Several CBS affiliate stations delayed or replaced a powerful documentary on the events of Sept. 11, 2001, on the fifth anniversary of the terrorist attacks, even though it has been aired before. They were fearful of FCC fines for perceived indecency.
“This is example No. 1,” said Martin Franks, executive vice president of CBS, of the decision by two dozen CBS affiliates to replace or delay “9/11” — which has already aired twice without controversy — over concerns about some of the language used by the firefighters.
“We don't think it's appropriate to sanitize the reality of the hell of Sept. 11th,” Franks told the Associated Press. “It shows the incredible stress that these heroes were under. To sanitize it in some way robs it of the horror they faced.”
The documentary, which was set to run on CBS between 8 p.m. to 10 p.m. EDT last Sunday, contains profanity used in the story of a rookie fireman who found himself at the World Trade Center on the Sept. 11.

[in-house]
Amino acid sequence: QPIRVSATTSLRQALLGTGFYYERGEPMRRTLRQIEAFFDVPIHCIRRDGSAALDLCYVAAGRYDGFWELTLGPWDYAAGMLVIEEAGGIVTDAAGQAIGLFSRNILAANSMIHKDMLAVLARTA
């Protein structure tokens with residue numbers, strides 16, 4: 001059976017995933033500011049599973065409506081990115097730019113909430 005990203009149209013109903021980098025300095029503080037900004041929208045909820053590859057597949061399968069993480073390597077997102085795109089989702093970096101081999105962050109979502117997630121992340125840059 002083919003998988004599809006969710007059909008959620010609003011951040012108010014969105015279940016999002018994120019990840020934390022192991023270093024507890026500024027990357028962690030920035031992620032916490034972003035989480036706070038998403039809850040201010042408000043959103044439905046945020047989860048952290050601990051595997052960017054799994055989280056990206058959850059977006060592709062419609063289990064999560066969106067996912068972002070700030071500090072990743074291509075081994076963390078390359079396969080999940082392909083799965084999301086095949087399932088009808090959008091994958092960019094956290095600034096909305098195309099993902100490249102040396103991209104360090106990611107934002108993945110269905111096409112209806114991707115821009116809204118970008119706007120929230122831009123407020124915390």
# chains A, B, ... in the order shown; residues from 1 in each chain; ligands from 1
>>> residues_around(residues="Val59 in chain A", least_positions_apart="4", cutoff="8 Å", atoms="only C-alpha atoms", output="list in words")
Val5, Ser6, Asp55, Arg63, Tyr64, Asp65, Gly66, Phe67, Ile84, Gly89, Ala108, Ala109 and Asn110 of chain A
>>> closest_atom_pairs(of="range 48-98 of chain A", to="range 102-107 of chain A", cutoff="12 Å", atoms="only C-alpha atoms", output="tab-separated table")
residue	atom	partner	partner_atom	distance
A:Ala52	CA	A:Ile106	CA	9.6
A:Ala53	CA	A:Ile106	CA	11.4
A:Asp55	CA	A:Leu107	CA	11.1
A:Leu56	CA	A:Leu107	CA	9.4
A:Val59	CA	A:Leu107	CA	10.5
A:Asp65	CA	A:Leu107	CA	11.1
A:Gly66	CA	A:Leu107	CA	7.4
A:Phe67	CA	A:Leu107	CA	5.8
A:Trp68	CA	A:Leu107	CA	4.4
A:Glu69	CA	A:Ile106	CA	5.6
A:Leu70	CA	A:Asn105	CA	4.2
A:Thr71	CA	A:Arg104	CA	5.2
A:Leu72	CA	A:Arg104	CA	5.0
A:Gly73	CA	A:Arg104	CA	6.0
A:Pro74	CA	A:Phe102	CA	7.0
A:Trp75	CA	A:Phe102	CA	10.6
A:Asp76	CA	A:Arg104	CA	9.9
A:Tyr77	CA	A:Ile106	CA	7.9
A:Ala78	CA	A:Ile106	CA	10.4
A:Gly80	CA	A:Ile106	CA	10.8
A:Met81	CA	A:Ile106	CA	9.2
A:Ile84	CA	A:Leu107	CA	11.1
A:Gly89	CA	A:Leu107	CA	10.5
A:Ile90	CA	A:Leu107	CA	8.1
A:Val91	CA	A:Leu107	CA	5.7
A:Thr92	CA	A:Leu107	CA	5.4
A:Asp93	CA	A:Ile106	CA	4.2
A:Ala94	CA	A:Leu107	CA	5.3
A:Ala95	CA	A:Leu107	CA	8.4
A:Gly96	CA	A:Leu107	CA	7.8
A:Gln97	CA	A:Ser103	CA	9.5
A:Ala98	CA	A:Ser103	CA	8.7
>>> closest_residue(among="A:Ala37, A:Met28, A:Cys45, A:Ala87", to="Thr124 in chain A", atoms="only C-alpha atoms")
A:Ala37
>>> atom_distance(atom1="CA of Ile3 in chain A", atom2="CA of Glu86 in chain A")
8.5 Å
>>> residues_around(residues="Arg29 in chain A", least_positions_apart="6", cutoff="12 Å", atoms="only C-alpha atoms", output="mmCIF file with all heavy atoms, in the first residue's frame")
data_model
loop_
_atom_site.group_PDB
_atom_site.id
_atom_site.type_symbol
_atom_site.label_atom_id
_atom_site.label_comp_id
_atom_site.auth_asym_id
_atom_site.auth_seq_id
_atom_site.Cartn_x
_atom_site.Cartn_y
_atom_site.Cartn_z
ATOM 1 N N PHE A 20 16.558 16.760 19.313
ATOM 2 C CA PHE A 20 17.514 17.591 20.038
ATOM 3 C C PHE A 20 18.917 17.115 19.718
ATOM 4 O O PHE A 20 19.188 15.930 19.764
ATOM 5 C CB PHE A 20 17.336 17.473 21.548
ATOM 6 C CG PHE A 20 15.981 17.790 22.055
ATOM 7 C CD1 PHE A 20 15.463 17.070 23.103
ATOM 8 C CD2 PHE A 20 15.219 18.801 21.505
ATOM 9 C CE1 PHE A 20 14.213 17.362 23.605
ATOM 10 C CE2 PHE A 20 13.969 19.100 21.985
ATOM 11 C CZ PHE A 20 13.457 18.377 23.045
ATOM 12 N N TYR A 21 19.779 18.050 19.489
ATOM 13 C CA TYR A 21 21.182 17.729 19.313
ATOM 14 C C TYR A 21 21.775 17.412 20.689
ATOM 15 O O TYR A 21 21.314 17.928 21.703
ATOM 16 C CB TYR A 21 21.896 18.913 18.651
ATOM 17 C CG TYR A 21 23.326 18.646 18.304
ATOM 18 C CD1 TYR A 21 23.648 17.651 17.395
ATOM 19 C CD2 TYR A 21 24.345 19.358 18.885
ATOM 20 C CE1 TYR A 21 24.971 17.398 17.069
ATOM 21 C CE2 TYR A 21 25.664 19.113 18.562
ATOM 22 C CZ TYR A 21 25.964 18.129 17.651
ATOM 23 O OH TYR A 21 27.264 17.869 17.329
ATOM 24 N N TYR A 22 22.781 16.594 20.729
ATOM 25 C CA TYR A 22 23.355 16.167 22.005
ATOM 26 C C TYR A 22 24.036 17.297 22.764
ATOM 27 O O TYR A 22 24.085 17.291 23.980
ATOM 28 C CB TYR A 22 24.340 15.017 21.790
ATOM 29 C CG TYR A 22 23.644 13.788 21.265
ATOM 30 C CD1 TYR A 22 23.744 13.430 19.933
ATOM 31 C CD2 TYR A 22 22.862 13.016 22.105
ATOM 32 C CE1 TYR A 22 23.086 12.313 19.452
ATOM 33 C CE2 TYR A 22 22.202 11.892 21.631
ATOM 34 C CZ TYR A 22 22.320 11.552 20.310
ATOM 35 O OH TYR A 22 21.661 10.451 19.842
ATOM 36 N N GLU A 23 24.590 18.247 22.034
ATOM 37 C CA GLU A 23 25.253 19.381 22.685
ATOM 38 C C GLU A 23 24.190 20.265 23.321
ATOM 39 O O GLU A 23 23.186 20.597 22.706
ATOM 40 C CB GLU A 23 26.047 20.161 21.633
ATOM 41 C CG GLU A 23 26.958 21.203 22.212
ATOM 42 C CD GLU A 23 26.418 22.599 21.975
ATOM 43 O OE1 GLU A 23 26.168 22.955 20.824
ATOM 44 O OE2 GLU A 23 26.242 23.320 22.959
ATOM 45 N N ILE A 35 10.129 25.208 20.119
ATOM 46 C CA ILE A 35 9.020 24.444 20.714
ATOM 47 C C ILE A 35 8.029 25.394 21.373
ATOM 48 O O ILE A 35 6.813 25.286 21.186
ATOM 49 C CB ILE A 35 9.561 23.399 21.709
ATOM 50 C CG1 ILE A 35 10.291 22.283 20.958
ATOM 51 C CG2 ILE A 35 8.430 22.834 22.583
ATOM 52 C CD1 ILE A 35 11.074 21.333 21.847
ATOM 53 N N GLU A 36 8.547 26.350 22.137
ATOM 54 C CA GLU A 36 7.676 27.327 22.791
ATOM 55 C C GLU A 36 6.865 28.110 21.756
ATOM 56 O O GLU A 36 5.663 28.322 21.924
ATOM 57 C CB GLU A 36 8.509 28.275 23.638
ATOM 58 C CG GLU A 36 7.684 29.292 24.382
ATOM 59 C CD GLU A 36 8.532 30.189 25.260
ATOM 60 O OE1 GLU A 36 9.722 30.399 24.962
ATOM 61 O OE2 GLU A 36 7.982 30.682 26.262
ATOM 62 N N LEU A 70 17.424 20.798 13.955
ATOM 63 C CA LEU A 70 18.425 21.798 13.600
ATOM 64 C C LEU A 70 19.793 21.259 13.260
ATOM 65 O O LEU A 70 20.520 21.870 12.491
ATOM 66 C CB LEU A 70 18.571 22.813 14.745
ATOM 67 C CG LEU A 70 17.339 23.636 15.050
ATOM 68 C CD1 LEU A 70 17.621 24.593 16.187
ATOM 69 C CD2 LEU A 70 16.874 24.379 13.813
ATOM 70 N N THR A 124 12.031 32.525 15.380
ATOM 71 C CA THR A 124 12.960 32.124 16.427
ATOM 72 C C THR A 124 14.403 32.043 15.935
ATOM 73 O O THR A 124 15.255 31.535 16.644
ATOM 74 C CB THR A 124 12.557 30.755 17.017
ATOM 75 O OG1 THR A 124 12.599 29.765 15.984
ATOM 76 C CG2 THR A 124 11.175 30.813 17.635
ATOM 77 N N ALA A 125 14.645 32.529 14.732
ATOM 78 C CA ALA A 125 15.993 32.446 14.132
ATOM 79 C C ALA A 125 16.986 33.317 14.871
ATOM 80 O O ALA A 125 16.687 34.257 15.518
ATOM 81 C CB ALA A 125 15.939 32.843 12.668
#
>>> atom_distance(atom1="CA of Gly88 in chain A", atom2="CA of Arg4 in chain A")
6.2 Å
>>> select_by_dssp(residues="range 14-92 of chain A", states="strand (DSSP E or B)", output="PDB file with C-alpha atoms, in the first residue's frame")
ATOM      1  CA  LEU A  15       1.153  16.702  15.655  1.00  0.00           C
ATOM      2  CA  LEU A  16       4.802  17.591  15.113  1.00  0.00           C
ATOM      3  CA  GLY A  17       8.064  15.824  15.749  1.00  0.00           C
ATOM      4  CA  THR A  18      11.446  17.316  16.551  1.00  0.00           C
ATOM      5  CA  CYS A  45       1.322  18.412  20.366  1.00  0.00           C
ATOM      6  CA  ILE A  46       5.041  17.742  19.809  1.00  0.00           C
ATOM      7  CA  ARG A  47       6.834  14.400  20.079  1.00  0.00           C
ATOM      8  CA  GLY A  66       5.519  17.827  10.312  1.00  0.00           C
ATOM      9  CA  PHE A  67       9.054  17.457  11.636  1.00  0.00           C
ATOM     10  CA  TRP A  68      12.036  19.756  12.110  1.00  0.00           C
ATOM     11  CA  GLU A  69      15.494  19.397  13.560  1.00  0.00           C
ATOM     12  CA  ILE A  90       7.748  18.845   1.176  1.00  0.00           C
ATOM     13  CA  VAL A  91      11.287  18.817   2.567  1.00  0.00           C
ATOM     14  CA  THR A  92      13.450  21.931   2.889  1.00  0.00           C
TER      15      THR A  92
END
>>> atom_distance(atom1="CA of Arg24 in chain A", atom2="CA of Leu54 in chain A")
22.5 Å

The reluctance of CBS stations to run the program was a part of the testimony presented by Carter G. Phillips, a lawyer for Fox, in a federal court proceeding on FCC indecency rules.
Contending that the FCC was chilling free speech rights, Phillips noted the stations’ reluctance to show the court how timid broadcast companies had become since the FCC toughened its position toward profanities after the 2004 Super Bowl halftime show on CBS, in which Janet Jackson's breast was flashed.
It was an easy decision not to edit the language in the documentary, especially since it has won a George Foster Peabody Award, among others, Franks said.
“It was a much more difficult decision five years ago when the emotions were much more raw and fresh,” Franks told the AP. He said it seemed “dishonest somehow” for the network to cover up the real language five years later because of the current regulatory environment.